If you’re tired of shutting off your gadgets during take off and landing (or you’re one of those passengers who surreptitiously leaves them on) then get ready for some good news. The Federal Aviation Administration (FAA) announced today that it is loosening restrictions on the use of electronics in-flight, meaning some devices can now be used the entire time you’re on the plane.
Under the changes, travelers will be able to use e-readers, play games, and watch videos on their portable devices throughout their journey. Bluetooth devices like wireless keyboards can also be used on flights. Cell phones will still face some restrictions, with passengers required to keep them in airplane mode. And as is currently the case, no phone calls will be allowed at any time onboard. The FAA says passengers may be asked to stow some heavier devices during takeoff and landing for safety reasons, but in general, the new rules reflect much more freedom for fliers.The FAA says it came to the decision after receiving input from pilots, electronics manufacturers, and passengers, and that the new rules balance safety with travelers’ increasing appetite to use electronics during flights.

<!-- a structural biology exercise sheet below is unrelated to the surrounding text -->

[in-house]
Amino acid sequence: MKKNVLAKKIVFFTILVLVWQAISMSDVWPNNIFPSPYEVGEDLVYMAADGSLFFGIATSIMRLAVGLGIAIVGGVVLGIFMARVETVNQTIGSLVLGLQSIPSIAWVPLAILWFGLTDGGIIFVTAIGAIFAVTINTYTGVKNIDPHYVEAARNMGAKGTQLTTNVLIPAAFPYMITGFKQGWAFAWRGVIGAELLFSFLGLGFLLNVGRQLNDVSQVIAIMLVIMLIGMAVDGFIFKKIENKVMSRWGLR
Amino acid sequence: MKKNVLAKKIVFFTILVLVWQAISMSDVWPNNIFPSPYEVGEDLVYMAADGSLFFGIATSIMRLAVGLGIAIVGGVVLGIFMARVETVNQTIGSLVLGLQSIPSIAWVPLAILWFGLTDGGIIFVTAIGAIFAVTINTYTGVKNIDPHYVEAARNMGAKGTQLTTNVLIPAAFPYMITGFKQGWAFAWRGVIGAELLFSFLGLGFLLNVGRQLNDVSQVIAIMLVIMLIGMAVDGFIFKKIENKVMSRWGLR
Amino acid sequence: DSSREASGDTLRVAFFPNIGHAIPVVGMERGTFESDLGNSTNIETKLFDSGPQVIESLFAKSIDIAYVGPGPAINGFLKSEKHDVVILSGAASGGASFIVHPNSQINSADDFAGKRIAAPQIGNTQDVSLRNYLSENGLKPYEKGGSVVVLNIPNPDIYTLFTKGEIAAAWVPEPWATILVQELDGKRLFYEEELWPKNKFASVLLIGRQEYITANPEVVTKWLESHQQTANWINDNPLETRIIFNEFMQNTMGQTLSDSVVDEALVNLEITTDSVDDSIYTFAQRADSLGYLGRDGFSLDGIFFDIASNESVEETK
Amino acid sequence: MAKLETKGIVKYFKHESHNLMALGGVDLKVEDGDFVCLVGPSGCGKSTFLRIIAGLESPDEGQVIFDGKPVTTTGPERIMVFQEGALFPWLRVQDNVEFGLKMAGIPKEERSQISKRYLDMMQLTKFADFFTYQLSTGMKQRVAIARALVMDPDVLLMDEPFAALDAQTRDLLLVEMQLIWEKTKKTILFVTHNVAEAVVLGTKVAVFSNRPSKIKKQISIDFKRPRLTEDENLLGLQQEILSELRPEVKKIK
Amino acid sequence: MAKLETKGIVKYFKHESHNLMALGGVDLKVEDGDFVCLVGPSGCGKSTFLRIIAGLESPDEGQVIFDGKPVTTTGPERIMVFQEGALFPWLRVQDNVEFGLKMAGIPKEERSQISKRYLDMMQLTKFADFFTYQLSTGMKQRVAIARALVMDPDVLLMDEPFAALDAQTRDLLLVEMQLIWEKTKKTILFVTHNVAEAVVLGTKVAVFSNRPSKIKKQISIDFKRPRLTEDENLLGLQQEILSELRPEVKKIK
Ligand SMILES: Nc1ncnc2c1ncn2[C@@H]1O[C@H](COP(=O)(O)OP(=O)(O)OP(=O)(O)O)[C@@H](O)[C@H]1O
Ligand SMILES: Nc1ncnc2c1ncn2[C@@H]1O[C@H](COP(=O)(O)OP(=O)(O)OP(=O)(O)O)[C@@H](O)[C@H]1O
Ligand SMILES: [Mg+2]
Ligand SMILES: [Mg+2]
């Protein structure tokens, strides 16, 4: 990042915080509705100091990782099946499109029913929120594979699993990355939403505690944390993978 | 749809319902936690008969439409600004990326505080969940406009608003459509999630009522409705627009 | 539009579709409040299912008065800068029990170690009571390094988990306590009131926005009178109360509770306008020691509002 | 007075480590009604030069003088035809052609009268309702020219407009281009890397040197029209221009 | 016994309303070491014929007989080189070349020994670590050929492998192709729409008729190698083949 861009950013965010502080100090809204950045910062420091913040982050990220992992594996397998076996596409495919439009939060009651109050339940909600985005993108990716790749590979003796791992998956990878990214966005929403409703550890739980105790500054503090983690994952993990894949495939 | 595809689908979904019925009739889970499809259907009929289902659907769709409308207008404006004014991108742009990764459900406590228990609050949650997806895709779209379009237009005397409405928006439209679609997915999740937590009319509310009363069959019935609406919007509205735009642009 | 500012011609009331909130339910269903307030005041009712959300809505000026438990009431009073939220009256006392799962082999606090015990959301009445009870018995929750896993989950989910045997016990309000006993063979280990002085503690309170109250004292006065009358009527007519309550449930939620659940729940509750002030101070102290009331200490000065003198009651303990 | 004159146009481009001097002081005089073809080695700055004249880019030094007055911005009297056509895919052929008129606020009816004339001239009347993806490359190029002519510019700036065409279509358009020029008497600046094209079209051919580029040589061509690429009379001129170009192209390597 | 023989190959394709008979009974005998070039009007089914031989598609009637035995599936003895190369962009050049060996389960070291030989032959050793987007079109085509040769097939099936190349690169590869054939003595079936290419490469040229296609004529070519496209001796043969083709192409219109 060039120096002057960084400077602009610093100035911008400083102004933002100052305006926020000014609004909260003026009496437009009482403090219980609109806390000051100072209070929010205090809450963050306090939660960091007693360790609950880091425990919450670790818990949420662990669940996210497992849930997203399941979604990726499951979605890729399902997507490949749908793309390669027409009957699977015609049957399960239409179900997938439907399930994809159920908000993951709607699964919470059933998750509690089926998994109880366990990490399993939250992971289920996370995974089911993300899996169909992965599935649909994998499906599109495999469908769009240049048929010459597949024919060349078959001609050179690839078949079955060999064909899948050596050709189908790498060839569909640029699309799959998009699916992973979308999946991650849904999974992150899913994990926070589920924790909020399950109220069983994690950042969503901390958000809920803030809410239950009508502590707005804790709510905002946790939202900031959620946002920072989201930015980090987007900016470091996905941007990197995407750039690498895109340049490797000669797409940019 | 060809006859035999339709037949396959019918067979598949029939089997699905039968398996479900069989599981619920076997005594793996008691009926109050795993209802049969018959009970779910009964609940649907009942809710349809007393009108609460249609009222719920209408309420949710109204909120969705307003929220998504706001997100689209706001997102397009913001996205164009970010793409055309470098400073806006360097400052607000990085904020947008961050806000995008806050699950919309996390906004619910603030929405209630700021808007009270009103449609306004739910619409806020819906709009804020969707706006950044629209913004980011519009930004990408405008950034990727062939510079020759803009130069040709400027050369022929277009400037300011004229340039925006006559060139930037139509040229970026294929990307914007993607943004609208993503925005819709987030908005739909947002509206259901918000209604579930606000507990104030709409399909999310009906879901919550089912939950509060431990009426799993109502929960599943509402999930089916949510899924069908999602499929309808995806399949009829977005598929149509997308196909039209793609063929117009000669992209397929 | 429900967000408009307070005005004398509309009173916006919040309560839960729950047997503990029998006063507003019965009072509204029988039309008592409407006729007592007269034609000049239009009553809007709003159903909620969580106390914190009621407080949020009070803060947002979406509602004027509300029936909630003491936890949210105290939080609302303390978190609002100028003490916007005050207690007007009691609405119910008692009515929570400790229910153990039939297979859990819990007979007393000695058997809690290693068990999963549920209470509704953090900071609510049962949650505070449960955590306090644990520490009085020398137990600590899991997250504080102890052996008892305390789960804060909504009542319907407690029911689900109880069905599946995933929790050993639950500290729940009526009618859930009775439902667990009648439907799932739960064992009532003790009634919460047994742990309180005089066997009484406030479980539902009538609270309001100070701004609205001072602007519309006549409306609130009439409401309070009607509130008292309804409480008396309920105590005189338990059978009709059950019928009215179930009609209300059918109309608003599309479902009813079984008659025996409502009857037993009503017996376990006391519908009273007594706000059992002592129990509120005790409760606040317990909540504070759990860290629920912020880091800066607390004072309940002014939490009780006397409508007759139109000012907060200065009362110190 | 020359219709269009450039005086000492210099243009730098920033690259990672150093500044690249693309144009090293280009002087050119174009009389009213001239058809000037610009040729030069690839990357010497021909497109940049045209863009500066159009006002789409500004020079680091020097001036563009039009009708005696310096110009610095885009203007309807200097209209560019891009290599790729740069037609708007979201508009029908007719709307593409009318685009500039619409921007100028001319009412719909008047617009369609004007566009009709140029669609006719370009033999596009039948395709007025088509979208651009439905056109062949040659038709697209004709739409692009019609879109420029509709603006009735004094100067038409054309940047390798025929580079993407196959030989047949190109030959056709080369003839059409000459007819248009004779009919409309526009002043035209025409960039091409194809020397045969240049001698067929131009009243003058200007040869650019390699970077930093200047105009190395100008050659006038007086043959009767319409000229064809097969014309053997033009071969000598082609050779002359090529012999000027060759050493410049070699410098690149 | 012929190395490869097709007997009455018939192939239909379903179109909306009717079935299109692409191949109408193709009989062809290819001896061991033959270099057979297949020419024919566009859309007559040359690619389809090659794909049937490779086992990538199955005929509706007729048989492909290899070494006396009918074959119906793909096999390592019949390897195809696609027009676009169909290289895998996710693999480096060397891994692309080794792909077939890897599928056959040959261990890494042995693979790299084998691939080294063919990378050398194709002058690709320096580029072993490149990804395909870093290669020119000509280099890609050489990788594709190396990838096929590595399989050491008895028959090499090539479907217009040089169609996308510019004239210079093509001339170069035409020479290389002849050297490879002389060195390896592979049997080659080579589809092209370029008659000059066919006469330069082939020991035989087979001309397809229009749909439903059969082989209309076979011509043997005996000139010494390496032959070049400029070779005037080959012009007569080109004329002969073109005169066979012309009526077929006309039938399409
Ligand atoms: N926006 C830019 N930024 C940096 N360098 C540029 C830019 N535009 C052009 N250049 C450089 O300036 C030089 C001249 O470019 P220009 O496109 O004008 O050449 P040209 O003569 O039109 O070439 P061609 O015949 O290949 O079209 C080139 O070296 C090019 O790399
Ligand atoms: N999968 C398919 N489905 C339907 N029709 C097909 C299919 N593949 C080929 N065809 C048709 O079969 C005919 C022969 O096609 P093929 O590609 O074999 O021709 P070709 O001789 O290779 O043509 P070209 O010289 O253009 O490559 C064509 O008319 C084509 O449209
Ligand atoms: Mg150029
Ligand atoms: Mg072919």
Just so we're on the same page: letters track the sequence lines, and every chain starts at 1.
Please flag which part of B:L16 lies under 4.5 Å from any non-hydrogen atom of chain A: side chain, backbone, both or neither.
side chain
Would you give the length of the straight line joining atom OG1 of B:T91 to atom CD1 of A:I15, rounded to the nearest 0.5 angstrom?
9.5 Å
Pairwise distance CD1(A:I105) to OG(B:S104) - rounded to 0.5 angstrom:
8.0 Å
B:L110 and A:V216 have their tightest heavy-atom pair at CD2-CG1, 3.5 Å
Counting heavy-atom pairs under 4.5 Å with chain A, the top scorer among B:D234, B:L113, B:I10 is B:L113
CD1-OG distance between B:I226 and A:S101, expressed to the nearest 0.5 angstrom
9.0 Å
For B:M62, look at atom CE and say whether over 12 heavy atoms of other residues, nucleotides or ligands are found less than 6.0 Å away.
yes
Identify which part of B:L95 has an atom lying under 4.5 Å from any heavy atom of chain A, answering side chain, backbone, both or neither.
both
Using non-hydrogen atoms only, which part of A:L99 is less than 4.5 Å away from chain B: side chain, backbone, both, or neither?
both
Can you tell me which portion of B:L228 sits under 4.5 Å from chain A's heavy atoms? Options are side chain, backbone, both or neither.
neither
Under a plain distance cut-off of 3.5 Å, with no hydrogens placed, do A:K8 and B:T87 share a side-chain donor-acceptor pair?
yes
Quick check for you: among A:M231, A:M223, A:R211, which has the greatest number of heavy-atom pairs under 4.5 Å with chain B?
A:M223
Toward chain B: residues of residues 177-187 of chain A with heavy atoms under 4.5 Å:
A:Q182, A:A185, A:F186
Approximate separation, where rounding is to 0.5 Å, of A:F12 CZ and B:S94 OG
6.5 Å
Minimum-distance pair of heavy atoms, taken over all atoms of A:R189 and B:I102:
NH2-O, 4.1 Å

The new rules won’t necessarily apply immediately, and exactly how they’ll be implemented will probably differ from one airline to the next. But the FAA believes most carriers will have the changes in place by the end of the year.
Some of the nation’s top singers and musicians are losing out on royalties because airlines are playing their songs without coughing up adequate payment-that’s what Sony Music is claiming in its lawsuit against United Airlines. The record label says the carrier has been playing music by Michael Jackson, Carrie Underwood, Britney Spears and Justin Timberlake, among others, in breach of copyright.
While it’s standard practice for airlines to make music available to passengers through the inflight entertainment system, Sony is complaining that United is breaching copyright by duplicating sound recordings and music videos and then uploading these illegal copies to servers on its planes.But it’s not just newer music that’s causing a stir. Sony says it isn’t happy that airlines are playing older music by artists like Jimi Hendrix and Aretha Franklin. Copyright laws surrounding music created before the 1970s are a bit hazy, but the record label is going after the airline for that too. Sony wants to stop all the music and is seeking damages from United.
Look around any flight shortly after boarding and you’ll notice that at least 80 percent of your fellow passengers have their head buried in their newspapers or are busy scrutinizing their iPads. Watching the safety video just isn’t a priority for most travelers, even if it should be.